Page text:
Interestingly enough, Johannesburg as a whole isn’t as suffocating as Cape Town, in terms of identity violence, in fact as a black woman I can say it is more comfortable (not completely, gender violence still prevails). I’m not hyper aware of being a black in Joburg, but as soon as I’m at the airport and step onto the bus that takes you to the plane back to Cape, I am aware that I am a black, and the sour citric aroma in the room only gets stronger.
Now, we ask 2 questions? If Johannesburg CBD is such an inclusive city, why is it not physically safe and comfortable? Why is Cape Town so hostile when it’s physical environment is so comfortable and safe? The answer is simple. POLITICS. The specifics are complex, to say the least. Service delivery, power, user based ownership… the list goes on, but we’ll visit that at a later stage in the article.
“City diversity itself permits and stimulates more diversity”. Personally I think that both cities are lacking in this regard. Cape Town City: occupied predominantly by foreign transitory “residents” and a privileged white community, (mostly young hipsters with a few sprinkles of black privilege in the bunch and trust me, having only been able to afford staying there for a year I would know). And then we have Johannesburg CBD: a busy work hub but a recent vestigial residential zone as a result of the rise of Sandton and other surrounding nodes and suburbs, leaving it quite run down, with predominantly black residences, who can afford to stay in the run down city due to historical injustice. Look at the tenement colloquially known as “The Dark City on Doorfontein”. Circa Gallery in Rosebank recently had an exhibition on it, which would be worth investigating if you’d like to learn more. It opened my eyes even more because “There’s a lot that we don’t see, privilege shields us from a lot and there are many paths we’ll never walk but moments like these, exhibitions like The Dark City, give us a glimpse into worlds we otherwise might never get to see.” (Sejake 2016)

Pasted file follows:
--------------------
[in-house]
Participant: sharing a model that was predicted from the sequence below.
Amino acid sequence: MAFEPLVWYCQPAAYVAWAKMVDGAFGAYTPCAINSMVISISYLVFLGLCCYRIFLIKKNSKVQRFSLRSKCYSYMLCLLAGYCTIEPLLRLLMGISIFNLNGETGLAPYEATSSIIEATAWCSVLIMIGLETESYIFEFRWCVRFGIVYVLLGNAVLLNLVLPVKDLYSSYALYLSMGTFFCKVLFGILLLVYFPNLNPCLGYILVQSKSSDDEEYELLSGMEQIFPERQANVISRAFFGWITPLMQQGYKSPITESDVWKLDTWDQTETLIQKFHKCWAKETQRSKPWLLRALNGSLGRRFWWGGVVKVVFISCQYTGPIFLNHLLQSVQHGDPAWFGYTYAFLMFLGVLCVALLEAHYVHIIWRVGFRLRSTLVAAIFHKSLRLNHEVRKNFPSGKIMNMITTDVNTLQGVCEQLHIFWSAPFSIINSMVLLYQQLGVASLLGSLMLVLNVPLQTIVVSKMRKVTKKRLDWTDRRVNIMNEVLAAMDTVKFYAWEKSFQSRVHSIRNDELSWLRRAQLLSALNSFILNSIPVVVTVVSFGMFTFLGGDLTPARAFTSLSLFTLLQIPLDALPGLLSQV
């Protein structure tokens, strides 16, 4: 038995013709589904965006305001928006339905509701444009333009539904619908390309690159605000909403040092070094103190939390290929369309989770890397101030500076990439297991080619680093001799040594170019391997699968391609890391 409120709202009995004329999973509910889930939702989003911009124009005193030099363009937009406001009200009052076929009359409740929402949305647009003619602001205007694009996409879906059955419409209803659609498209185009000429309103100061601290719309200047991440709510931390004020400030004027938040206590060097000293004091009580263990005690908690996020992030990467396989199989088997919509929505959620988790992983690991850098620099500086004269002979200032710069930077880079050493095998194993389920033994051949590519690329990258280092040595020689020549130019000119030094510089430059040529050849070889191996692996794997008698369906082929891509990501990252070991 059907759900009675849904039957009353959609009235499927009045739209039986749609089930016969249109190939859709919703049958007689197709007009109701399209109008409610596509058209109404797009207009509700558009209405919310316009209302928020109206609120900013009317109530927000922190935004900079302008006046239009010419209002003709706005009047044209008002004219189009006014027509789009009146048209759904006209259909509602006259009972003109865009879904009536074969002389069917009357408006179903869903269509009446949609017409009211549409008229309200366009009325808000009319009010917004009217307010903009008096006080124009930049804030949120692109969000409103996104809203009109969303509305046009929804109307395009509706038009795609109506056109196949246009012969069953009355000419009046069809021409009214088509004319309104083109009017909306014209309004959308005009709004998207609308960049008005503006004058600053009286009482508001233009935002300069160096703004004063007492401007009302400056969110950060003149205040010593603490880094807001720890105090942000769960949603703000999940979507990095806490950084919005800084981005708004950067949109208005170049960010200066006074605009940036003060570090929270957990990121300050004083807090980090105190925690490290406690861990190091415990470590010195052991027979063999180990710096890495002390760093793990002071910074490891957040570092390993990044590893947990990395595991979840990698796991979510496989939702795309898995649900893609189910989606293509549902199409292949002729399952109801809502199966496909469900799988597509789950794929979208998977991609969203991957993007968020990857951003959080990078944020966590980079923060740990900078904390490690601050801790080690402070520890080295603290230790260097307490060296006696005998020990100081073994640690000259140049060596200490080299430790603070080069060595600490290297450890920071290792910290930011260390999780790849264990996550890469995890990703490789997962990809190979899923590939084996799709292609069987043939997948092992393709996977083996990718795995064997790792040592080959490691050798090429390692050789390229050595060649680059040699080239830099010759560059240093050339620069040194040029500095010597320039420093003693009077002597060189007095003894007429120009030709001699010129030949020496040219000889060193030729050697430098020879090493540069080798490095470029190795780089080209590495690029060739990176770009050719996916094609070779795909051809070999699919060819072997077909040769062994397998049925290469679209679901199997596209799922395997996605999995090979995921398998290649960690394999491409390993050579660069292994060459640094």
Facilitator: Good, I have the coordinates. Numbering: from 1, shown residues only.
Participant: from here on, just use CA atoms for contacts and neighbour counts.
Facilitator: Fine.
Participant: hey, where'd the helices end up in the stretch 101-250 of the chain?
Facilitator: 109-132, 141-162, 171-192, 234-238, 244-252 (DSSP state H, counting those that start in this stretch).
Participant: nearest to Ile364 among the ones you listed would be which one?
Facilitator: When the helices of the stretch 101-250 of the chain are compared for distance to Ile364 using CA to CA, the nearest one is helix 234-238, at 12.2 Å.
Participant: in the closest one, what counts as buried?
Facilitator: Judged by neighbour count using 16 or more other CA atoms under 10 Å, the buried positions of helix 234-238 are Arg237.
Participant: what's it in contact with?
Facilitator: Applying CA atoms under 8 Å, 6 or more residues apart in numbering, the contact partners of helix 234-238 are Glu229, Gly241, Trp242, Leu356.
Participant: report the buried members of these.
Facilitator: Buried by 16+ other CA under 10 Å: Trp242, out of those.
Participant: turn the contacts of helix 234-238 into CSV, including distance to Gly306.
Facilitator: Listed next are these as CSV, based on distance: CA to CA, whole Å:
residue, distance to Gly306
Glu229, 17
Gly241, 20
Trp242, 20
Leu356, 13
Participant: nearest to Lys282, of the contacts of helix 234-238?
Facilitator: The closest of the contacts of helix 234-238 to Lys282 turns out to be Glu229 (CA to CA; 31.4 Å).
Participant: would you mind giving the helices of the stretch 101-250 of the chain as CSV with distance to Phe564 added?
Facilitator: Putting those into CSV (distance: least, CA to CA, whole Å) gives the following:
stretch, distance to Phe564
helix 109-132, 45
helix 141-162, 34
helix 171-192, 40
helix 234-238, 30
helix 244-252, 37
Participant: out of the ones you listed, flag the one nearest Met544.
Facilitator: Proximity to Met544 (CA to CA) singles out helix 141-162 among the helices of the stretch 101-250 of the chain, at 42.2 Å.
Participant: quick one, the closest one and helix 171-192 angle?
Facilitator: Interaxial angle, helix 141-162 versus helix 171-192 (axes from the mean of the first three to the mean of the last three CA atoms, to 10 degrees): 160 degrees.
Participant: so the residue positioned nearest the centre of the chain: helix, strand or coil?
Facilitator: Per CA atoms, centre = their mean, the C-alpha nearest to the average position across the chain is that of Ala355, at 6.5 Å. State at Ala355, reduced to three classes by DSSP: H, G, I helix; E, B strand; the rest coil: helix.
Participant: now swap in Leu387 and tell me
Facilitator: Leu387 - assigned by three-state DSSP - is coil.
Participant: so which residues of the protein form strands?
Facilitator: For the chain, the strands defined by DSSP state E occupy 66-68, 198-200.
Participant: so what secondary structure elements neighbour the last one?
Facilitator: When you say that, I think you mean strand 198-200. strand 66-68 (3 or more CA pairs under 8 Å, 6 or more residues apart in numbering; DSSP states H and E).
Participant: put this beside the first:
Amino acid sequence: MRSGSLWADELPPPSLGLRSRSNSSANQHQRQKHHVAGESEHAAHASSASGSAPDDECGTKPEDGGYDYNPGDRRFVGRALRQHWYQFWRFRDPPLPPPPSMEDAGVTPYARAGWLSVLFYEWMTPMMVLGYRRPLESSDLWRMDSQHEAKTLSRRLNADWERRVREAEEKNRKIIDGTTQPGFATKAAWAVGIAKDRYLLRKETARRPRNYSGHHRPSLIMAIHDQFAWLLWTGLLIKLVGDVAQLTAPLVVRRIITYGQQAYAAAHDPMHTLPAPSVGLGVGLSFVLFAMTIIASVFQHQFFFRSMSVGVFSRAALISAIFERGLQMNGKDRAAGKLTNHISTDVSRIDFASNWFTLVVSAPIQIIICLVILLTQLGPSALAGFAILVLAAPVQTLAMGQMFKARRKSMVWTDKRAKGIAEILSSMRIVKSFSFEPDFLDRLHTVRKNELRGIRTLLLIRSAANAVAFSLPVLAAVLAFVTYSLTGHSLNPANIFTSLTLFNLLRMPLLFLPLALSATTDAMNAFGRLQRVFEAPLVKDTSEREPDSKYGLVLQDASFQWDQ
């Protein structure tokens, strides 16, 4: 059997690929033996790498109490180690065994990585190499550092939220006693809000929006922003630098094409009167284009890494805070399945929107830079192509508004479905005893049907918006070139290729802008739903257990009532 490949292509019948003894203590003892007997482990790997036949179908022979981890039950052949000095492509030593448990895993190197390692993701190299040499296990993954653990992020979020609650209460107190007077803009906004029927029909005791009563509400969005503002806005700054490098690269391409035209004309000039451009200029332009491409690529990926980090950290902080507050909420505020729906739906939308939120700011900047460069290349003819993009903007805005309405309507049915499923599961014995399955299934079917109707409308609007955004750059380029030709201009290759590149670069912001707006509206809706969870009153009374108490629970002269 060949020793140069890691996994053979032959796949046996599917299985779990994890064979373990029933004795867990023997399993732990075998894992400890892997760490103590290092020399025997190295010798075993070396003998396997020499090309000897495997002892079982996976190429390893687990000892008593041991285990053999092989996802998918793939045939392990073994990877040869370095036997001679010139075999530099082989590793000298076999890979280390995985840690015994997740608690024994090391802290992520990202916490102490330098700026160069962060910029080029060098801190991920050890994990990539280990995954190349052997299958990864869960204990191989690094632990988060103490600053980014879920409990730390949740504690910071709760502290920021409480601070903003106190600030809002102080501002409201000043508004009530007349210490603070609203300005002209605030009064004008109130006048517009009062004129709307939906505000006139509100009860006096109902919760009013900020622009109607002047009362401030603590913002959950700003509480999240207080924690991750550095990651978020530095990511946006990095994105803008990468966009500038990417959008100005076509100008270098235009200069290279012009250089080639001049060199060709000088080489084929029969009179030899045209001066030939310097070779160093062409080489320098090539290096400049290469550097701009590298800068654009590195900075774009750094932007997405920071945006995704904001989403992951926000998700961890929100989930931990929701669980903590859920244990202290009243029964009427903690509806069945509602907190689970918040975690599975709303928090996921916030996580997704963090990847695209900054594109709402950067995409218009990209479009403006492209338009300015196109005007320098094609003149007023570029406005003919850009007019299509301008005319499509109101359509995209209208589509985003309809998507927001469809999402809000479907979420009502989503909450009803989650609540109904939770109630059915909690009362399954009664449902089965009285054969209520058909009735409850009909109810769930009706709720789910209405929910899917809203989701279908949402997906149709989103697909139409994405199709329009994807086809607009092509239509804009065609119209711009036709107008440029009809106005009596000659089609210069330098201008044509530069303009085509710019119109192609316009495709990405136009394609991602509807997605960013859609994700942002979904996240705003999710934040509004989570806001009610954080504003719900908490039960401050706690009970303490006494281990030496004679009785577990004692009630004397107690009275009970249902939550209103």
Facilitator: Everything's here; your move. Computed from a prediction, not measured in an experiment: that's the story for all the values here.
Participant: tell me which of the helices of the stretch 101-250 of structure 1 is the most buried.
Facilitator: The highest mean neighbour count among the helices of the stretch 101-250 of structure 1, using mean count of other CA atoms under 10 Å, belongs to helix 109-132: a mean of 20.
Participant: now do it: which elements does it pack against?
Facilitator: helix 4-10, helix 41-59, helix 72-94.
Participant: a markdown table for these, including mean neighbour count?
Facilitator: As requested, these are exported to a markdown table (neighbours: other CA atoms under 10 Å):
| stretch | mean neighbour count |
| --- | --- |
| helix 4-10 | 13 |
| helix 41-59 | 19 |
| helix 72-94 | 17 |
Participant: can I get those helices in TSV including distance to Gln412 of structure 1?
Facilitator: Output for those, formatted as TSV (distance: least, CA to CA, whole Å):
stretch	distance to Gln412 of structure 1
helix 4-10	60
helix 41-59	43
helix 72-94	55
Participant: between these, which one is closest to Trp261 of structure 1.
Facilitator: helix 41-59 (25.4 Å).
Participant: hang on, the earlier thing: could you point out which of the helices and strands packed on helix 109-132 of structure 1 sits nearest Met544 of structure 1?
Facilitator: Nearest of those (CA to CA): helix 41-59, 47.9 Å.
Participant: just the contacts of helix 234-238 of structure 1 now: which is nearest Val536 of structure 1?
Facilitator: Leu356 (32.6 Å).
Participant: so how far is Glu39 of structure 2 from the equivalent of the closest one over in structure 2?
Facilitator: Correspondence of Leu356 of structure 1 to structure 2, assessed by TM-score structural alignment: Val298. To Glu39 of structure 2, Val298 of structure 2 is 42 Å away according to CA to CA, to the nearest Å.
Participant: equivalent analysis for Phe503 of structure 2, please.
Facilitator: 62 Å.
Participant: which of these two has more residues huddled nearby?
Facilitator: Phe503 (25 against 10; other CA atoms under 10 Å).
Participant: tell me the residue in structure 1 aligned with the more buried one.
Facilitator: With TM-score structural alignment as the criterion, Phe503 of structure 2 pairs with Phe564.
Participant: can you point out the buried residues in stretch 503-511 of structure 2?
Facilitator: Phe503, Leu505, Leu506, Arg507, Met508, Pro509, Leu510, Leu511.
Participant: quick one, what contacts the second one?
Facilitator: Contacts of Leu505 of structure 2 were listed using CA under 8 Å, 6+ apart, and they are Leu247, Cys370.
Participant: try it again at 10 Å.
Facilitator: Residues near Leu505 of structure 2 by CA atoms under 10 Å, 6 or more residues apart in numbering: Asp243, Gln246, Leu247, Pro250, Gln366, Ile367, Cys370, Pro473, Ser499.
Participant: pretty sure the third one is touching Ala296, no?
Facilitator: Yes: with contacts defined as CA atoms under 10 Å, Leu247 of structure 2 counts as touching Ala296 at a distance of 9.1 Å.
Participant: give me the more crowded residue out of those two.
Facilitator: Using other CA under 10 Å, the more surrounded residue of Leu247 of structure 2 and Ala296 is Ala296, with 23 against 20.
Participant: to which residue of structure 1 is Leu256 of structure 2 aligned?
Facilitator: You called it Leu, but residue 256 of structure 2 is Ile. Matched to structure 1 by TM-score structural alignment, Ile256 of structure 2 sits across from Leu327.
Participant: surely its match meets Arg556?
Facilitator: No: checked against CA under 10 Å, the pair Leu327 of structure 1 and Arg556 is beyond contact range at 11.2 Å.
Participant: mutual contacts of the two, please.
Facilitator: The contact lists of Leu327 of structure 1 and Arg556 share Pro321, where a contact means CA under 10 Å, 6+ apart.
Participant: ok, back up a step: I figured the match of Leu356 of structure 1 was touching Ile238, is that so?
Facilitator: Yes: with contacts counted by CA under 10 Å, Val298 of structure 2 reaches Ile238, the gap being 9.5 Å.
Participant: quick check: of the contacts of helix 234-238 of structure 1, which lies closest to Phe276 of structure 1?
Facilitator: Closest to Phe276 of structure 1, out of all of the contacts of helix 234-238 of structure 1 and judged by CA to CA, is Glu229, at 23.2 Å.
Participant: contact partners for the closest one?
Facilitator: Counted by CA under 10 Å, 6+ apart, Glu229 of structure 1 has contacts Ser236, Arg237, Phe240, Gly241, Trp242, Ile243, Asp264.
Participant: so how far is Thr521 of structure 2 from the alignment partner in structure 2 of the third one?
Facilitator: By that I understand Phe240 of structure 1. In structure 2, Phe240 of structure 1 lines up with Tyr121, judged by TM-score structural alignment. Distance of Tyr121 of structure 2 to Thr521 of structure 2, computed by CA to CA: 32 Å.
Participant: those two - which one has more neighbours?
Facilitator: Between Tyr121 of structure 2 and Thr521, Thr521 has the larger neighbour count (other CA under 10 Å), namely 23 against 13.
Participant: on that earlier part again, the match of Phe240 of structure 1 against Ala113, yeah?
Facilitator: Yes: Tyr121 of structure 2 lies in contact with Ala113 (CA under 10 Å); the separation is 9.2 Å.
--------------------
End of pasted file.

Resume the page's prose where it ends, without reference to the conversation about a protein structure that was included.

Class and race are joined at the hip in South Africa, and so the only way to truly diversify the city, would be to foster a city for mixed income housing with various activity spaces and spaces that attract people across this class-race kaleidoscope. Once diverse cities can sustain activity, safety and comfort are inevitable. Convenience through proximity to facilities also affects the walkability of a city, which Cape Town has been successful in doing. Personally having lived on Roeland Street, close proximity to my everyday needs made me feel at ease in my location. I worked on the corner at (the best bookstore in the country) The Book Lounge; lived down the road from a police station, up the road from a pharmacy and across the road from the ever-busy Kimberly Hotel bar. The street never died. If I needed a Redbull for my all-nighter, the 2am independently owned formal “spaza” was a 2-minute walk away. It works.
Diverse cities automatically create intersectional spaces of opportunity. With the choice of an Ethiopan restaurant on the corner, a little pizza resturant up the road, or a basic family Spur in the vicinity; locals are bound to feel comfortable with one another, learning to negotiate space, and (NB Cape Town!) less reluctant to feel greater user based ownership in public space which is shared amongst us all- from the business man on the street in a suit, to the homeless man on the corner, the sidewalk belongs to all of us.
So how do we generate boisterous diversity in cities? According to Jane it’s a 4 point list of needs (maybe she mentions a few more later in the book, but we can read it together and enjoy talking about it in the comments section). They are: